Mikal is from Toronto, Canada. At the time of his interview, he was living in New York City and spending his days “hoping Kanye [West] will call and sign me.”
Mikal’s Most Likely To Is: Most Likely to Eat a Bowl of Cereal Before This Episode is Finished
We talked about what it’s like to be from Toronto, “post-Drake”:
“Now that I give people [the] response that I’m from Canada, there’s always a Drake joke or something. Prior to that, there were jokes about South Park…or you get the ‘eh’… or [references to] drinking ‘pop’…Tim Horton’s…something. Now it’s great, being Canadian…there’s nothing like it.”
He shared his favorite cereal combination:
“I like my cereal soggy…I like Frosted Flakes mixed with Honey Bunches of Oats. You get the honey clusters with the sweetness of Frosted Flakes…it’s a great mix. Sometimes I’m into Corn Pops, or the smores cereal…it changes basically by the week.”
Mikal discussed what he has learned from the most important people he follows on social media:
“I think that [it would] probably be Childish Gambino, even though he doesn’t post anything. I think he’s mastered social media to the point where it causes his audience to react to him, as opposed to him having to react to the climate of the world.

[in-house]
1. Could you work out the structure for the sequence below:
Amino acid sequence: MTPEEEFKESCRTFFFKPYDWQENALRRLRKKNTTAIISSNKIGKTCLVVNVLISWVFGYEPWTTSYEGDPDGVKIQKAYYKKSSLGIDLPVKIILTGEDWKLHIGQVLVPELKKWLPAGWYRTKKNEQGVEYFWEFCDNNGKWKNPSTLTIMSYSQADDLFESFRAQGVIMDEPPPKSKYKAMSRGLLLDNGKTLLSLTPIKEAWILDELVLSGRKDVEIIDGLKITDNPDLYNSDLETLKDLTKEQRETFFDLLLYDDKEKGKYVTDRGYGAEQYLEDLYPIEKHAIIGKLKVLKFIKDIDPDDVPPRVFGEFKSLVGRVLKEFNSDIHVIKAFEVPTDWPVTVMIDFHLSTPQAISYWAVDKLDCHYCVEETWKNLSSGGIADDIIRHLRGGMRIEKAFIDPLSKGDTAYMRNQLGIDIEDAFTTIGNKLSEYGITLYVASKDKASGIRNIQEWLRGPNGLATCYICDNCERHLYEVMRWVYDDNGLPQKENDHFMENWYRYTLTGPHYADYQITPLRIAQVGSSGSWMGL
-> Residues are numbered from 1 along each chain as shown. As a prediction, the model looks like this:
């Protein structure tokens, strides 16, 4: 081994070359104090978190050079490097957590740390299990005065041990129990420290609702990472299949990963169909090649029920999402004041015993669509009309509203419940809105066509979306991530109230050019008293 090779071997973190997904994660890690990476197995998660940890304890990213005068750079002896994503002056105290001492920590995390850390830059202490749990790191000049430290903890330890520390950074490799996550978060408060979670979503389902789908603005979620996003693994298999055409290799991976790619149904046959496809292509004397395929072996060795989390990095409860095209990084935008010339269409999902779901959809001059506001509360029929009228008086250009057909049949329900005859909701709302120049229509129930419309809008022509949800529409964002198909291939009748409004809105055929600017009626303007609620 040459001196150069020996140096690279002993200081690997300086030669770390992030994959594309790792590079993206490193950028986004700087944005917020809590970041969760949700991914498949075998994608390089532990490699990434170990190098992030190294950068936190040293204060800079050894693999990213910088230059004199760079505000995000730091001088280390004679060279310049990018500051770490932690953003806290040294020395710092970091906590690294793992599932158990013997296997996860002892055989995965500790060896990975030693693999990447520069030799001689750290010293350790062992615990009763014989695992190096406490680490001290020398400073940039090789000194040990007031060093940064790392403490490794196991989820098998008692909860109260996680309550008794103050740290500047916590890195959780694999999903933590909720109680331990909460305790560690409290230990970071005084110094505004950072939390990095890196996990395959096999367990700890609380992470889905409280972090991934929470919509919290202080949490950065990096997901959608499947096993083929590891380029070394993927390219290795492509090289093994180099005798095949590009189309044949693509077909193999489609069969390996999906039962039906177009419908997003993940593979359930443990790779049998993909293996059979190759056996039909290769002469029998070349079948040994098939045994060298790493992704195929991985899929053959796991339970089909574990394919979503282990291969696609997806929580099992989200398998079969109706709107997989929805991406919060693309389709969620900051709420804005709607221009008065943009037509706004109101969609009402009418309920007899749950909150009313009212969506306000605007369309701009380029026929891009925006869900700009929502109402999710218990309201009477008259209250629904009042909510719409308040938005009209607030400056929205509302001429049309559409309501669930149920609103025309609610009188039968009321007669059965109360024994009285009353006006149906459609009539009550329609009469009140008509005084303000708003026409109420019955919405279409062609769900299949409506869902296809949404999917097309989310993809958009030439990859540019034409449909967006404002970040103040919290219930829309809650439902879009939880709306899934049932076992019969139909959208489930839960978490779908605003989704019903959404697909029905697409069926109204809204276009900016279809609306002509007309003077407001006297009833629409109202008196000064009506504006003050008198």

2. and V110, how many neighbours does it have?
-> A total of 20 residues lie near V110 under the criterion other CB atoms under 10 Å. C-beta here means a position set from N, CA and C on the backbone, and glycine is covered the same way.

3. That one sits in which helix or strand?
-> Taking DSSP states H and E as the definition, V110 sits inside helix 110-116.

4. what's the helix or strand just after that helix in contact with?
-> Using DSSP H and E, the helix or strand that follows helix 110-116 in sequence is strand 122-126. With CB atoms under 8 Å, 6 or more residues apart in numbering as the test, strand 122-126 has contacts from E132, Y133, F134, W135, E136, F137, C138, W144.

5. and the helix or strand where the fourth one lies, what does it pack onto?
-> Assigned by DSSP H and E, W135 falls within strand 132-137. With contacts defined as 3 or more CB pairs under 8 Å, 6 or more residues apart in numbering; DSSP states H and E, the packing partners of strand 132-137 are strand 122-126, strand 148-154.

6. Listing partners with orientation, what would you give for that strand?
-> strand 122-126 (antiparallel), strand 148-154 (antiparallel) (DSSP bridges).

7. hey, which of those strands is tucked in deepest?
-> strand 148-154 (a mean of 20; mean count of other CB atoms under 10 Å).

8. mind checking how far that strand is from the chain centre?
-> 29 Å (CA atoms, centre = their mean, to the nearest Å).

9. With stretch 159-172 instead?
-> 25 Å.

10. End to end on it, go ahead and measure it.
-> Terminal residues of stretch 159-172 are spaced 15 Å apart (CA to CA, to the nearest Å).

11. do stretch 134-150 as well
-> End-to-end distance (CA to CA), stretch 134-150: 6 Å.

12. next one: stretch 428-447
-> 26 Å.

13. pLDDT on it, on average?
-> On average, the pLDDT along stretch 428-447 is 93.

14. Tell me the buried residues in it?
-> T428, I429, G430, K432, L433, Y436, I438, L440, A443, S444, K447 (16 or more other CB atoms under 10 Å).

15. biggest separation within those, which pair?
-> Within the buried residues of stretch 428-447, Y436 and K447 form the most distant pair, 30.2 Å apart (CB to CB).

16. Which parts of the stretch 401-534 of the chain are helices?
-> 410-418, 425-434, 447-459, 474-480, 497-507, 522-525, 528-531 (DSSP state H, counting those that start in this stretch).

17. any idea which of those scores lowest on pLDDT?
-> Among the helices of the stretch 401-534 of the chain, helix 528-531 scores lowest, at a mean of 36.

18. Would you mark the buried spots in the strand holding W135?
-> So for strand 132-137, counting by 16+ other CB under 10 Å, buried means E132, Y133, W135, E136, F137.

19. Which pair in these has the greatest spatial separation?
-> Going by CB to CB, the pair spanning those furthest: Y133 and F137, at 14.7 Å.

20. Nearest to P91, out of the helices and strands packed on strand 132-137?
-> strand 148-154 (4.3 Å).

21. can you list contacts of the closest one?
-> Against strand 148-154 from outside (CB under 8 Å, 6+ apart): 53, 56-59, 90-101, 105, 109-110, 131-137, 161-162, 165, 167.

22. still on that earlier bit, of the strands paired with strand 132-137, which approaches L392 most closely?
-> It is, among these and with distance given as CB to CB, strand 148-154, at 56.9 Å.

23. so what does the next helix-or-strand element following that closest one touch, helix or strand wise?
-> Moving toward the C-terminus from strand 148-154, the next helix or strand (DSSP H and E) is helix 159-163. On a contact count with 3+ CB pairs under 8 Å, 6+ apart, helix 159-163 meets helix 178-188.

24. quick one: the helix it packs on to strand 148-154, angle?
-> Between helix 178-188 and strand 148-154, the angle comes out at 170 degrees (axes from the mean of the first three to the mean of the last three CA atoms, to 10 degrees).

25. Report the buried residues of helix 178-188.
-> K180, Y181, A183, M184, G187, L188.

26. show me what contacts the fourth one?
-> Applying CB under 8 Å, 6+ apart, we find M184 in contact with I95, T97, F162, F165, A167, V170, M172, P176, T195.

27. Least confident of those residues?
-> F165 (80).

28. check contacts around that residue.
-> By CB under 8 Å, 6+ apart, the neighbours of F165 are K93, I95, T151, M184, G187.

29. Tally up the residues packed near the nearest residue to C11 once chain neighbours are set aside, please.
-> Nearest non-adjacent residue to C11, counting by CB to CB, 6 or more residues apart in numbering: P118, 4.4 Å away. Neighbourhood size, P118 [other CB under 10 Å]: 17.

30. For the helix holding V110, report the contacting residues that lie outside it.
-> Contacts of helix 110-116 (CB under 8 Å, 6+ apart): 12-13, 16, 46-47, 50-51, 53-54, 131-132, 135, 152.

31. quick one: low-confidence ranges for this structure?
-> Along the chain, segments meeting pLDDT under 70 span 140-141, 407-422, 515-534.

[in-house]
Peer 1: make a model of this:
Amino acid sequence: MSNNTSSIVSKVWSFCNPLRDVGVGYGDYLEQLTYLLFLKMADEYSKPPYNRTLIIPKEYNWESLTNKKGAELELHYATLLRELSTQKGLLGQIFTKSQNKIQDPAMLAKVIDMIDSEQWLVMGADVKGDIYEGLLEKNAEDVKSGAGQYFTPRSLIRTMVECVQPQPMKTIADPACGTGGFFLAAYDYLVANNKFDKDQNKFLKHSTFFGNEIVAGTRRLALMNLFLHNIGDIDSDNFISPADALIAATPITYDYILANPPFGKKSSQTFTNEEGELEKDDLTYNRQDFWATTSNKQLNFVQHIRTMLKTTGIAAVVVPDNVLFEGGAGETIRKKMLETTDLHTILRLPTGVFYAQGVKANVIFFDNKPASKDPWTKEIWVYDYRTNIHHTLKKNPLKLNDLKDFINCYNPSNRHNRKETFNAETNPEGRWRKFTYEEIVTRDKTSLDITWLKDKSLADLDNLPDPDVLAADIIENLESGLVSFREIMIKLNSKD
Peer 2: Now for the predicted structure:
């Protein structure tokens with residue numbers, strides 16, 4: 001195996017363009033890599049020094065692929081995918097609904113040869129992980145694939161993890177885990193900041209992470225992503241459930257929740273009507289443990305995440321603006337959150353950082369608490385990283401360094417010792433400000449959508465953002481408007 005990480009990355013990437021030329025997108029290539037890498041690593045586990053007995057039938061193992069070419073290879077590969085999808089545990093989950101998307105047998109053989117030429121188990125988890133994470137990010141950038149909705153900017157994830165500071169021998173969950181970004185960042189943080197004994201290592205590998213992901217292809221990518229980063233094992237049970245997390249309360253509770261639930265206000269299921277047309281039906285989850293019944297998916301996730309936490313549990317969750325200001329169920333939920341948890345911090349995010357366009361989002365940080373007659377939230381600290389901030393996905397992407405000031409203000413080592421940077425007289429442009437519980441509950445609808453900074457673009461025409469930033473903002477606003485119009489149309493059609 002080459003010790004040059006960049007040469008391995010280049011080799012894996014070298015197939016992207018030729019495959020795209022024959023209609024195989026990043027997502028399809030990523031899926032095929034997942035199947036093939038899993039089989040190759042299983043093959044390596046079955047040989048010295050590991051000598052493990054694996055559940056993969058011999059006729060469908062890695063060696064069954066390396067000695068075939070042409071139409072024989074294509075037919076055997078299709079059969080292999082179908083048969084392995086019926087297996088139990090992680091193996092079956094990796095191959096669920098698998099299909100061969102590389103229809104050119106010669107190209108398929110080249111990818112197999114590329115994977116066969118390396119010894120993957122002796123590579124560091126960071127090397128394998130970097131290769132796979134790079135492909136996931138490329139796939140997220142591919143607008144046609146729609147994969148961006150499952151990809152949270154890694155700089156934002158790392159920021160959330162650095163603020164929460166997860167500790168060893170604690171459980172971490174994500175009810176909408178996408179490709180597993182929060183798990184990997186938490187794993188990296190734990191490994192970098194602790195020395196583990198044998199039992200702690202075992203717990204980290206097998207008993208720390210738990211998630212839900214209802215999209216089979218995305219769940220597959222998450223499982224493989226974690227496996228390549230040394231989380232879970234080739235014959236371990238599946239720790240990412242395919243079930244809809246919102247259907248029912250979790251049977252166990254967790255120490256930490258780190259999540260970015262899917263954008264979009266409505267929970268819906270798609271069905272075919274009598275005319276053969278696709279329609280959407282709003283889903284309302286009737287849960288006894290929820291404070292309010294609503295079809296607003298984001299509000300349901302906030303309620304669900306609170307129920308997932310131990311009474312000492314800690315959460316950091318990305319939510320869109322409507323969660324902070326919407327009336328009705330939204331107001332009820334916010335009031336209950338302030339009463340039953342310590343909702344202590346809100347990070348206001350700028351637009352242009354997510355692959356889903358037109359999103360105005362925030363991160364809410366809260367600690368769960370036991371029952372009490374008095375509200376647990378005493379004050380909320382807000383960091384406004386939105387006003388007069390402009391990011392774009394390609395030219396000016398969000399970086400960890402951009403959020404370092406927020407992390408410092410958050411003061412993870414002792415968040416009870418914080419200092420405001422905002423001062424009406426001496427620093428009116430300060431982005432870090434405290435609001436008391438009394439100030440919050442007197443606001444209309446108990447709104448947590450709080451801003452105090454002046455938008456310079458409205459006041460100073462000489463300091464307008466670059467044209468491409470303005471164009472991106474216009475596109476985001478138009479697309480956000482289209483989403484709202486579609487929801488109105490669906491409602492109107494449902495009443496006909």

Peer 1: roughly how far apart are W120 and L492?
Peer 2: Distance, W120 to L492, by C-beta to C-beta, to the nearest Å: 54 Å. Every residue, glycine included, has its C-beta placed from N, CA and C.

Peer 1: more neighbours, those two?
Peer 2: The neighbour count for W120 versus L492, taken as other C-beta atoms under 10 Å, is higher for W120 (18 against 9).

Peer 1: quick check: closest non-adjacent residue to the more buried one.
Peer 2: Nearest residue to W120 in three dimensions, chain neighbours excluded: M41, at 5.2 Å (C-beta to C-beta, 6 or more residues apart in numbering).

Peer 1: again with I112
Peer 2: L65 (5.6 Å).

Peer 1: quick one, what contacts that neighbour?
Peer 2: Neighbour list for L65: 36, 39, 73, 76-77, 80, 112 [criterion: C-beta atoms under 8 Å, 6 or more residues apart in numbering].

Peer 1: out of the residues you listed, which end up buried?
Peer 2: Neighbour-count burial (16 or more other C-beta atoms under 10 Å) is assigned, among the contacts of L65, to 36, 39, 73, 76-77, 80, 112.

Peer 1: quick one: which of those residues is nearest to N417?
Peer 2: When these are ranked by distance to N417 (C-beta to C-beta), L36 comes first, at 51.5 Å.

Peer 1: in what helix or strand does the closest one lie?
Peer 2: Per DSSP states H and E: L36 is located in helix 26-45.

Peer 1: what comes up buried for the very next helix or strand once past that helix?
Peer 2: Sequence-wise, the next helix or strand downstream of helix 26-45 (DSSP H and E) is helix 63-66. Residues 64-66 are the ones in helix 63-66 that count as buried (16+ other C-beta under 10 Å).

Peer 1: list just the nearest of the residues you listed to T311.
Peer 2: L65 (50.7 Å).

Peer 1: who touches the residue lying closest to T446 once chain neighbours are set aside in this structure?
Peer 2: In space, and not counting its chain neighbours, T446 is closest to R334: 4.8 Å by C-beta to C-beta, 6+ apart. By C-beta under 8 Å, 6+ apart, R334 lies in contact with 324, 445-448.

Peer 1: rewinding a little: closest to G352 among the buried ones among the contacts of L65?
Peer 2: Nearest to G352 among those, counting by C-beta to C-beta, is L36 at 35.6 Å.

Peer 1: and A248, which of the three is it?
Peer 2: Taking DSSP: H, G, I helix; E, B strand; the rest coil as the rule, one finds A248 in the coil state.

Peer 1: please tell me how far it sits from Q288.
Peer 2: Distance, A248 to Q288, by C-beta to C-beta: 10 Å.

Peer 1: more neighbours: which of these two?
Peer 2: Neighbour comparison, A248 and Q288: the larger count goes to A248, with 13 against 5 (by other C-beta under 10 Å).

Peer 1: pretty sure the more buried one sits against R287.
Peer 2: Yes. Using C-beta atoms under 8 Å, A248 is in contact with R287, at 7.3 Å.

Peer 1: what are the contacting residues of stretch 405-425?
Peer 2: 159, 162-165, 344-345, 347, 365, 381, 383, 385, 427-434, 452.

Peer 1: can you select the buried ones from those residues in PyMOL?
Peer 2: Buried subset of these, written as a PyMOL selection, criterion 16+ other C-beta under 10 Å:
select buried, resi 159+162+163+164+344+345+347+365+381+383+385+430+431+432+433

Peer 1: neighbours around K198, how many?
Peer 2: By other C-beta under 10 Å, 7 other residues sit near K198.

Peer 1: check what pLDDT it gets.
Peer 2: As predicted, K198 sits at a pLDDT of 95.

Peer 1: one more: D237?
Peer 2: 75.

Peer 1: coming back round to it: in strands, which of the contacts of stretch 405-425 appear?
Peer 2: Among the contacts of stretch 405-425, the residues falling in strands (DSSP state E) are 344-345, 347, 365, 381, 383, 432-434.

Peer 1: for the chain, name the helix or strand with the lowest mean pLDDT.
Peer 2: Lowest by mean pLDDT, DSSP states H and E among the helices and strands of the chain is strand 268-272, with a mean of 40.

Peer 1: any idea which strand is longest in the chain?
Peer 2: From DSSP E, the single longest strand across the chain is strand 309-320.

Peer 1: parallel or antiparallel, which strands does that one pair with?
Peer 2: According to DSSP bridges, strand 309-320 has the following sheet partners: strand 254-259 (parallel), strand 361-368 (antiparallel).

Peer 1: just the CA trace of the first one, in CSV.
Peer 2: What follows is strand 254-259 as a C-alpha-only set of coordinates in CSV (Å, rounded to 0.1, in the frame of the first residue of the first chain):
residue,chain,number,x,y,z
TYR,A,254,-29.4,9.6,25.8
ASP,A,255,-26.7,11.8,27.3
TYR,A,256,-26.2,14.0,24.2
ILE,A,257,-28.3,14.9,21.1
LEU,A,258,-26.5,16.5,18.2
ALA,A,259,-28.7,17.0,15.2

So when he’s ready to work on an album or anything, then he has complete control over the masses. He can just put something out and everyone is going to direct their attention to him, just because of the fact that he hasn’t been saying anything and it’s just been boiling for all of us to know what he’s been thinking of.”
He shared some of his thoughts on placing labels on different types of hip-hop:
“I don’t really buy into the sub-genres of hip-hop…the conscious or the trapper-rapper kind of the thing. I mean, it’s all creative art. Some people choose to do it one way, some people choose to do it another.
I don’t think that being a conscious rapper is better than speaking on being from the trap, because they’re both spreading a message that people can connect with.”
“In music today, the way that it is, it’s heavily built of the internet and it’s heavily built off of connections. So, separating artists like that, it kinda kills what the genre is about, and what the genre is trying to build. So I don’t think rap should be separated like that.”
Mikal reflected on some of the people who were a positive influence on him during his teenage years:
“There were a lot of great role models [at my high school]. Maybe I didn’t appreciate that at the time, just ‘cuz I was a little bit younger, I didn’t know as much and I didn’t know how to appreciate that at the moment…Brother [Learie] Corbin – he’s since passed – he was a great influence on us.
He used to come out to some of our shows. He always showed us love and he would mentor us and give us great advice. And I think that had a huge part in developing the man that I’ve grown into. Through college, and to the point where I’m at now, I always kept his words with me and I always respected the man that he was.
Having role models like that can definitely help build you…turning that awkward young man into the stud that I am now wasn’t an easy task!”